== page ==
How Should Nursing Students Pick a Minor?

Charmaine Robinson, MSN-Ed, RN
Updated June 1, 2023
    Curious about how to choose a minor in nursing school? Explore the best minors for specific nursing specialities and discover how to pick the best minor for you.
    Nursing students learning to put on a wrist brace in classCredit: Getty Images
    • Minors in nursing school are not required but can help shape your education and career.
    • Minors are useful for nursing students considering specific settings, specialties, or postgraduate studies.
    • Choosing a minor wisely can expand your knowledge and your professional options.

    Are you interested in choosing a nursing minor? Learn about possible minors in nursing school, including which ones can benefit your training and career journey.

    A nursing degree is already challenging, so consider a minor program wisely. Remember that nursing school is the time to explore your options and choose opportunities that can help you grow academically and professionally.

    Minors in Nursing School

    While a minor is not necessary to graduate or become a nurse, the material you learn can expand your nursing knowledge. It’s also a great way to explore your professional interests and learn about different fields.

    Nursing Specialty Preparation

    A minor can help you prepare for a specific nursing specialty or job function. For example, a minor in nutrition can prepare you to assist patients in developing and following healthy eating plans. This knowledge can be useful anywhere, but it may be especially useful in cardiology or endocrinology, where patients often have a high need for nutritional counseling.

    Nursing Specialties & Minors
    Nursing SpecialtyMinor(s)
    Nursing ManagementBusiness Administration
    Geriatric NursingGerontology or Nutrition
    Psychiatric/Mental Health NursingPsychology or Sociology
    Community Health NursingPublic Health or Health Science
    Nursing ResearchBiology
    Pediatric NursingChild Development
    Nursing WritingCommunications or Journalism
    Legal NursingCriminal Justice or Political Science
    Nurse CoachingNutrition or Sociology
    Nursing InformaticsComputer Science

    Extended Learning Opportunities

    A minor can create opportunities for extended learning. During nursing school, you typically study one specialty per semester or quarter. If you choose a minor related to your desired nursing specialty, you can continue to learn about this field throughout your undergraduate program.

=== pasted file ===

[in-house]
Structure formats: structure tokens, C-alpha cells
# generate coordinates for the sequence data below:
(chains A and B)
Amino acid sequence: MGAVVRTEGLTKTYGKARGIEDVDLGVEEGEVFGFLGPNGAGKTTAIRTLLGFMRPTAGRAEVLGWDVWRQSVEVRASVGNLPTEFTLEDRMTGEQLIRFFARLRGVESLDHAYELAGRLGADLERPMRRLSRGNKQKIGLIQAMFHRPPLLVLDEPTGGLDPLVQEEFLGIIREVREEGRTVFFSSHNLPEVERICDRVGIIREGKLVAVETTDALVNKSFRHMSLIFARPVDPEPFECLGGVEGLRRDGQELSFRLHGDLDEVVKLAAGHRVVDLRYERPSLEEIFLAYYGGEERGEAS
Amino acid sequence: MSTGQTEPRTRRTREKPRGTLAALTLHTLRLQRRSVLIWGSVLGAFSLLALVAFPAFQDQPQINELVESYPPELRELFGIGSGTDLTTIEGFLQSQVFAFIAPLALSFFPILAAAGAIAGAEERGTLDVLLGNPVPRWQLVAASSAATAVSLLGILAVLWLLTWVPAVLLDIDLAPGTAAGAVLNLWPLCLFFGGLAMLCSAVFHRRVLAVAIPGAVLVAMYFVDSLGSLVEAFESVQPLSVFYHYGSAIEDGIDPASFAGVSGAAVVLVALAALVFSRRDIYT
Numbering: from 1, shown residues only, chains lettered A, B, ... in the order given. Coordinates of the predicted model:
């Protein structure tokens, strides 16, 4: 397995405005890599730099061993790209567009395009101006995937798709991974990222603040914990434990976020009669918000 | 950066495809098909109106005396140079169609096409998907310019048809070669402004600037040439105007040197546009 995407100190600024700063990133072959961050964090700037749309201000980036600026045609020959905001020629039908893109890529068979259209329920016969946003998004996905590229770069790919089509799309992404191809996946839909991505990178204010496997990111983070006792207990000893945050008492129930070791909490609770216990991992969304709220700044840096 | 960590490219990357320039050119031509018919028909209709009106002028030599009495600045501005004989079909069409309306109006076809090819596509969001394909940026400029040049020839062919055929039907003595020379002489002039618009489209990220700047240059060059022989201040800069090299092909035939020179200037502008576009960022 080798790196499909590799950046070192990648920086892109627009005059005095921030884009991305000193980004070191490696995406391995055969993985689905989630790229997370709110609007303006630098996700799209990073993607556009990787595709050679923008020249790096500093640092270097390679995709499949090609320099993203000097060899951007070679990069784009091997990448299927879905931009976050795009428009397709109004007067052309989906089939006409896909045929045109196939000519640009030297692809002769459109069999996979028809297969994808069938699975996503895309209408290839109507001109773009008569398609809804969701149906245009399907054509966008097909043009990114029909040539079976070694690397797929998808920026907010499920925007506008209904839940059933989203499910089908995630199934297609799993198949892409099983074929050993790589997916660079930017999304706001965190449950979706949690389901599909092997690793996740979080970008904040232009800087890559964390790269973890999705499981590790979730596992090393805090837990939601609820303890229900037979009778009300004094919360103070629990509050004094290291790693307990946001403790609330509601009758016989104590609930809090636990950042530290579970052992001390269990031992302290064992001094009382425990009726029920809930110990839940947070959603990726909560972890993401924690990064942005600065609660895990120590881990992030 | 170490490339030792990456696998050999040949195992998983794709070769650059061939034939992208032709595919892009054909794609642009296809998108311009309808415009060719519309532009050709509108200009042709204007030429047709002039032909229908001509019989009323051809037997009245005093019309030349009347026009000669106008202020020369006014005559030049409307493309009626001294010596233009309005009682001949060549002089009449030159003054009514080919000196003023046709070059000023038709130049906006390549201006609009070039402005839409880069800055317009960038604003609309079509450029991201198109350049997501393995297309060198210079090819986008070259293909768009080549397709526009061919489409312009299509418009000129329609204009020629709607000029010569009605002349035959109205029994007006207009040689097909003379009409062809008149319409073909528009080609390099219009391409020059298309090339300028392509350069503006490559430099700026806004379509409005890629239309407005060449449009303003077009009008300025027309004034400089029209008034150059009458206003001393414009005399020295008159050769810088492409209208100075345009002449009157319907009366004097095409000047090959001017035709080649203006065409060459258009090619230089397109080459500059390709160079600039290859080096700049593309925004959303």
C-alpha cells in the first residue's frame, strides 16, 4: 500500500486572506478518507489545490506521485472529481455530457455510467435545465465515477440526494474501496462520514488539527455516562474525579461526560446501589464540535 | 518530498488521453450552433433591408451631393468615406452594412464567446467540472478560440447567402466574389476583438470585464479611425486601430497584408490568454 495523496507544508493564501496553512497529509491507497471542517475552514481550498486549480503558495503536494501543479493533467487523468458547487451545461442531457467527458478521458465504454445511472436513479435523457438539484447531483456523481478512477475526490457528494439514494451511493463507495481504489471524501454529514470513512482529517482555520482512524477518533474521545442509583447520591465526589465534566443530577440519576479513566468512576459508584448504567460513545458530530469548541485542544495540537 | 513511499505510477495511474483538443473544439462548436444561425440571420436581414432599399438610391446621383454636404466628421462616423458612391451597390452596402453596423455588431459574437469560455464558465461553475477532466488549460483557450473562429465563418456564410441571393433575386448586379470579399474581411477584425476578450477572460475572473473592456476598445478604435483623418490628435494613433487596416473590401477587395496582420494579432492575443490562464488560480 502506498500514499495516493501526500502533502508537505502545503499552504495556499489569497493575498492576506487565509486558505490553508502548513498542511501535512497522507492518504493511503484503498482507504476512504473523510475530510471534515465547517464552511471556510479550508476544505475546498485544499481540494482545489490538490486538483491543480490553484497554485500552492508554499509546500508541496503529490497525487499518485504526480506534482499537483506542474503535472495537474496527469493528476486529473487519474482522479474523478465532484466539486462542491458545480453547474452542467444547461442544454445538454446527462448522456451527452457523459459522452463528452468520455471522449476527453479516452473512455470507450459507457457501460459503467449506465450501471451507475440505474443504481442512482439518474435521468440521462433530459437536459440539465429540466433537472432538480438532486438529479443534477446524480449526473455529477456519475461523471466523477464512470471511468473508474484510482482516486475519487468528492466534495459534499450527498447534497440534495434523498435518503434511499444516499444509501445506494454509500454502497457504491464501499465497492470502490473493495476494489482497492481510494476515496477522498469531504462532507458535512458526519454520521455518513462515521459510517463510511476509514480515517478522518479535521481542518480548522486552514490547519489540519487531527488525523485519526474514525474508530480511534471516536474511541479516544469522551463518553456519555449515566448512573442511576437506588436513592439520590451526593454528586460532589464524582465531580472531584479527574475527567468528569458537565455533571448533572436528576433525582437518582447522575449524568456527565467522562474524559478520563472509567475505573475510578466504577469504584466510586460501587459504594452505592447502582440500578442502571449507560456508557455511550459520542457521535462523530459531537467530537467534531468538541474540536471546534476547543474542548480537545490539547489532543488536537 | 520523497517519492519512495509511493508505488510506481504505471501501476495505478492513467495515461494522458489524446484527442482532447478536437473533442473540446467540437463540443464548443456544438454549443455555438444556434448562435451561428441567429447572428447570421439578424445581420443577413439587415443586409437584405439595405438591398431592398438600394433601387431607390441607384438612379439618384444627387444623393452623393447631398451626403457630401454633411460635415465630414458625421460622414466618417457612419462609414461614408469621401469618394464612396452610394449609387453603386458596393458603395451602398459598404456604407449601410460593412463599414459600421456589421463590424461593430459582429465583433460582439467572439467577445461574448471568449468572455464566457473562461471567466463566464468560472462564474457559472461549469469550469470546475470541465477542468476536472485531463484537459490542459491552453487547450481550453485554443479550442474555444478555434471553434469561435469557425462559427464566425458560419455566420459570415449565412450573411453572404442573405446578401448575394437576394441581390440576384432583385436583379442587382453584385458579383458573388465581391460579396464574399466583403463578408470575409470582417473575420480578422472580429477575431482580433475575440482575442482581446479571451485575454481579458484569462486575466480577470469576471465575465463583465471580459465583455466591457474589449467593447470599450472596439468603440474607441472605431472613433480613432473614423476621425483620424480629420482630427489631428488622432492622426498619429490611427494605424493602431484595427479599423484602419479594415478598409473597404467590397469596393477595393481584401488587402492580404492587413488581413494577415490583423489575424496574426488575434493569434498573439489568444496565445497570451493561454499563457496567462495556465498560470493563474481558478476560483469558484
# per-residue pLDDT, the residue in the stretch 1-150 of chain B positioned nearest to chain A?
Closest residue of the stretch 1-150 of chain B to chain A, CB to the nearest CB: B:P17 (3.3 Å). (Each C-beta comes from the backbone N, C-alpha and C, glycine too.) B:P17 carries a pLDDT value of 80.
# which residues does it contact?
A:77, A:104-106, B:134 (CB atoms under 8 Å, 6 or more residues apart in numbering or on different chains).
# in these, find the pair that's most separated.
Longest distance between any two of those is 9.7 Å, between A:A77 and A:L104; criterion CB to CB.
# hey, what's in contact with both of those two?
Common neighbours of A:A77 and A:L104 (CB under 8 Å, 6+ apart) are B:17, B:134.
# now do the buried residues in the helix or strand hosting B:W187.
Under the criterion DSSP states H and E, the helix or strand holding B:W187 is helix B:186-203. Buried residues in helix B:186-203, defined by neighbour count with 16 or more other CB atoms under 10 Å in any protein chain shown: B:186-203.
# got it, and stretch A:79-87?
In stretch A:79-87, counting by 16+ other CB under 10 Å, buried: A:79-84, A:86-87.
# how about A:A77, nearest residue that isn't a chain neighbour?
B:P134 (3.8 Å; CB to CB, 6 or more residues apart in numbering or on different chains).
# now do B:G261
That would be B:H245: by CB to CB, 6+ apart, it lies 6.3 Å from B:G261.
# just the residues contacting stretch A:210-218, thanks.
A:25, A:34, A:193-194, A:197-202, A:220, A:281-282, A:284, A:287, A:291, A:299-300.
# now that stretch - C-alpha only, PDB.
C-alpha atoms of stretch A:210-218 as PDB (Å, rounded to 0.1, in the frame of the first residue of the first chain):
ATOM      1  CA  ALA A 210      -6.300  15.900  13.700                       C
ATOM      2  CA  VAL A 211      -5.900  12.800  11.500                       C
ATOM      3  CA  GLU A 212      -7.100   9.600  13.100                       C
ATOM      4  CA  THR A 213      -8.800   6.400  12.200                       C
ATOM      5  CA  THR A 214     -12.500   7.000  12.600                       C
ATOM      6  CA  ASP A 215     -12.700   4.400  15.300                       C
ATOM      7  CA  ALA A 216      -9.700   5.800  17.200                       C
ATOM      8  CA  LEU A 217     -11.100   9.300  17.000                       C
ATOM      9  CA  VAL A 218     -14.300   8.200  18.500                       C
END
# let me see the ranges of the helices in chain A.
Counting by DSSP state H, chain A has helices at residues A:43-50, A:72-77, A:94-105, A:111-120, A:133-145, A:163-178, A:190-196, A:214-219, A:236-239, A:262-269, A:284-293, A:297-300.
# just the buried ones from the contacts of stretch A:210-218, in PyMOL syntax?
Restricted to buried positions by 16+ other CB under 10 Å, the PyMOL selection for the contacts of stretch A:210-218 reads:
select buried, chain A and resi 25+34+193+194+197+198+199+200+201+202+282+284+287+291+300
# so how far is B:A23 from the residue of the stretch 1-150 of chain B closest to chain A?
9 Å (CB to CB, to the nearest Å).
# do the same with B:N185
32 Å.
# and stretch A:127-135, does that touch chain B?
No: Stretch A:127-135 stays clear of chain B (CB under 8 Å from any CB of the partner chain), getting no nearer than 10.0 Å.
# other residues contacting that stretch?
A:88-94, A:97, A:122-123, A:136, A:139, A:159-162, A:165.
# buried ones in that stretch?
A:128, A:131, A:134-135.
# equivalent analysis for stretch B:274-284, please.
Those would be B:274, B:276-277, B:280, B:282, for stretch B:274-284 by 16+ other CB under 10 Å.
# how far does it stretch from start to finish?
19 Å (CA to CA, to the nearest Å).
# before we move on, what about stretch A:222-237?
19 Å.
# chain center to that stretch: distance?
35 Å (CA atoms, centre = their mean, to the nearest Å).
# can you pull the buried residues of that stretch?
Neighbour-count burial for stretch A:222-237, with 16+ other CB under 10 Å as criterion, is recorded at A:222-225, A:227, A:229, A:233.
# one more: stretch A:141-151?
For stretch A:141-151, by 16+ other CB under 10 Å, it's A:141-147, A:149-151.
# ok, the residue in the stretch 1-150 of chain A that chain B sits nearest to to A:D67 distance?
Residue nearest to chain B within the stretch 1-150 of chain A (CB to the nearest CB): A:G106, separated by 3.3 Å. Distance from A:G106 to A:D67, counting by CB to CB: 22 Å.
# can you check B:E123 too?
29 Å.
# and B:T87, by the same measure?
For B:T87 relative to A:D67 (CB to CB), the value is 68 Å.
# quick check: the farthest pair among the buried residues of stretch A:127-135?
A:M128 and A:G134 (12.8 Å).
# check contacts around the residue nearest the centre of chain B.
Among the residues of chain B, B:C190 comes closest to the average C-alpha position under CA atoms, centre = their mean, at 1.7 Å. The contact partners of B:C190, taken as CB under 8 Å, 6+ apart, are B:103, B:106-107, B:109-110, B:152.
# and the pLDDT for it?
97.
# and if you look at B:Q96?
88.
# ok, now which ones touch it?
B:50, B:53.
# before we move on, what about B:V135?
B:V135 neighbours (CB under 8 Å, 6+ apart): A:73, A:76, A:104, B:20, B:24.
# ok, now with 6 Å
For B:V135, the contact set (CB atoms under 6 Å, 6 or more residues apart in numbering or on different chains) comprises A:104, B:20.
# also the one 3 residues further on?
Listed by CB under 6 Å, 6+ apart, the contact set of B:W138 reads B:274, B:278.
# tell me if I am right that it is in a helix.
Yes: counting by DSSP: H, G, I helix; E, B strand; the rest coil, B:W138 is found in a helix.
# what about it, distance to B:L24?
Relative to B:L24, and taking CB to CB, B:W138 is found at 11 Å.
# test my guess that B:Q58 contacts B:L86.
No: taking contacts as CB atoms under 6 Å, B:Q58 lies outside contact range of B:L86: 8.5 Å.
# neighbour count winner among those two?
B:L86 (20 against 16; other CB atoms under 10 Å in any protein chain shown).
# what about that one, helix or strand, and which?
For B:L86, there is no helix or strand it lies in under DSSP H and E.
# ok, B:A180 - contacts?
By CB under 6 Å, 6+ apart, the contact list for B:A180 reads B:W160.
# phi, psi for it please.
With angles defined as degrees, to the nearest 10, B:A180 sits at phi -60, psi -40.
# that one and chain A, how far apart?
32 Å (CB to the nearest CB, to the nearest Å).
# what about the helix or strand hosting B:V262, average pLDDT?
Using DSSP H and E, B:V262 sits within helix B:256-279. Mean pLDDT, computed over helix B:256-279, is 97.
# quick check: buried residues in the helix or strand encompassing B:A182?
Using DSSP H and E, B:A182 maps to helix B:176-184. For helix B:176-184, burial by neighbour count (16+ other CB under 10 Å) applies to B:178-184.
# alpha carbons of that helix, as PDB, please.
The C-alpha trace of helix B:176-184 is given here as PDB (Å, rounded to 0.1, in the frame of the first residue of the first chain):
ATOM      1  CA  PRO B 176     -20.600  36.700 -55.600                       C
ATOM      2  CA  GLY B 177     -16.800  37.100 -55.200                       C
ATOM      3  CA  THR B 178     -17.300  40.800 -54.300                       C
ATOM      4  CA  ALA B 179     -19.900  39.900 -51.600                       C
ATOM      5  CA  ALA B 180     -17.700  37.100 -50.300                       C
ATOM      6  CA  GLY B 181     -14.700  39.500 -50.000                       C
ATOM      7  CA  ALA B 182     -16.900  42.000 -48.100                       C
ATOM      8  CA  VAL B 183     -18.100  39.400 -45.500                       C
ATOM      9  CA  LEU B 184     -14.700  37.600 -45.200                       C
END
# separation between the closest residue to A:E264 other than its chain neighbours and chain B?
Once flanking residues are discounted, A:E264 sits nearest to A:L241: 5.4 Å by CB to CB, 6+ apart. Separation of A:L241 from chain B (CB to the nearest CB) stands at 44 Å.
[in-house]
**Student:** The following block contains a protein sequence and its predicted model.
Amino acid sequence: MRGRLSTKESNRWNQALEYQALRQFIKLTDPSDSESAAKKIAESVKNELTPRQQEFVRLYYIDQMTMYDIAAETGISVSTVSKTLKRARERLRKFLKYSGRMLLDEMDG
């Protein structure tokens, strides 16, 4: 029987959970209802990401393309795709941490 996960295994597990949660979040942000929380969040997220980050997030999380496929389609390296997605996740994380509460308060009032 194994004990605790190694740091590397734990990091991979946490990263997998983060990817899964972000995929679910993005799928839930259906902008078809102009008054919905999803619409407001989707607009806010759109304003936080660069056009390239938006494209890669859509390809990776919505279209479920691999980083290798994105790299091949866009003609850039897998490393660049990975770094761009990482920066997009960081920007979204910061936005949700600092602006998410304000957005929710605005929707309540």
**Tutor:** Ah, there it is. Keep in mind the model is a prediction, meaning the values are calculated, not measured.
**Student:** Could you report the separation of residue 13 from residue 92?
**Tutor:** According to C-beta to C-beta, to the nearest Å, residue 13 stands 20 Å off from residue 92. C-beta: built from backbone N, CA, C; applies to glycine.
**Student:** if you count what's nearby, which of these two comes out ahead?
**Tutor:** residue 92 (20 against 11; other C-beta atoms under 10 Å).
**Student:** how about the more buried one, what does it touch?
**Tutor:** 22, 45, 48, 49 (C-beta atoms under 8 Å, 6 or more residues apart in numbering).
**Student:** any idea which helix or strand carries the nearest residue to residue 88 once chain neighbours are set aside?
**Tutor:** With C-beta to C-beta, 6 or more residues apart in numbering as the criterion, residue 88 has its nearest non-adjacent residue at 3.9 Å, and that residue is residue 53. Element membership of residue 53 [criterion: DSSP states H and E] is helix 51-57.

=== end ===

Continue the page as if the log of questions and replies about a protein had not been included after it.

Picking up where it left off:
Some nursing schools offer special learning experiences as part of their minor programs. For example, at the University of Michigan’s school of nursing, students can apply for the population health in a global context minor, which includes study-abroad opportunities and instruction on global health topics.

    Keep in mind that you can choose a minor simply out of curiosity or interest. There’s a good chance it will be valuable at some point. For instance, a sociology minor may not seem relevant to a medical-surgical nurse’s job, but understanding human behavior will surely come in handy when interacting with patients, families, and colleagues.

    Nevertheless, your career aspirations play a primary role as you decide on a minor in nursing school. Consider these five guidelines during your decision-making process.

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    5 Tips on Picking a Minor in Nursing School

    Not sure what nursing minor to pick? Some minors help you learn more about a nursing specialty, while others expand your knowledge in a different field. Consider these pointers when making your decision.

    1 | Broaden Your Knowledge

    Knowledge is power: the more, the better. Many minors expose you to topics like epidemiology, international health, and public safety, which can help you to eventually choose a particular nursing specialty like nursing research or community health nursing.

    2 | Prepare for Graduate School

    If your goal is to further your nursing education and obtain a postgraduate degree, an undergraduate minor can help to prepare you for graduate school. For example, if you want to become a geriatric nurse practitioner, a minor in gerontology during your undergraduate studies can help prepare you for graduate studies.

    3 | Fast-Track Your Nursing Career

    A minor can increase your nursing expertise in a particular field, which can help you advance in your nursing career. The additional knowledge can give you an advantage over other candidates when job hunting or seeking a promotion.

    4 | Learn More About Who You Want to Help

    Do you hope to provide care to older patients? A minor in geriatrics could be the right move. Minors in global health can position you for work with international populations. A minor in nutrition can help you care more effectively for people with anything from cancer to heart disease.

    Figure out where you want to be and who you want to help. Then work backward to find the minor that will put you in the best position to succeed.

    5 | Increase Networking Opportunities

    A minor related to your desired area of work can provide advancement opportunities through networking. In your minor courses, you will meet instructors and other students who can serve as resources, mentors, and points of contact for additional networking opportunities.

    You may also be eligible for internships/externships through your minor program which can lead to even more networking opportunities.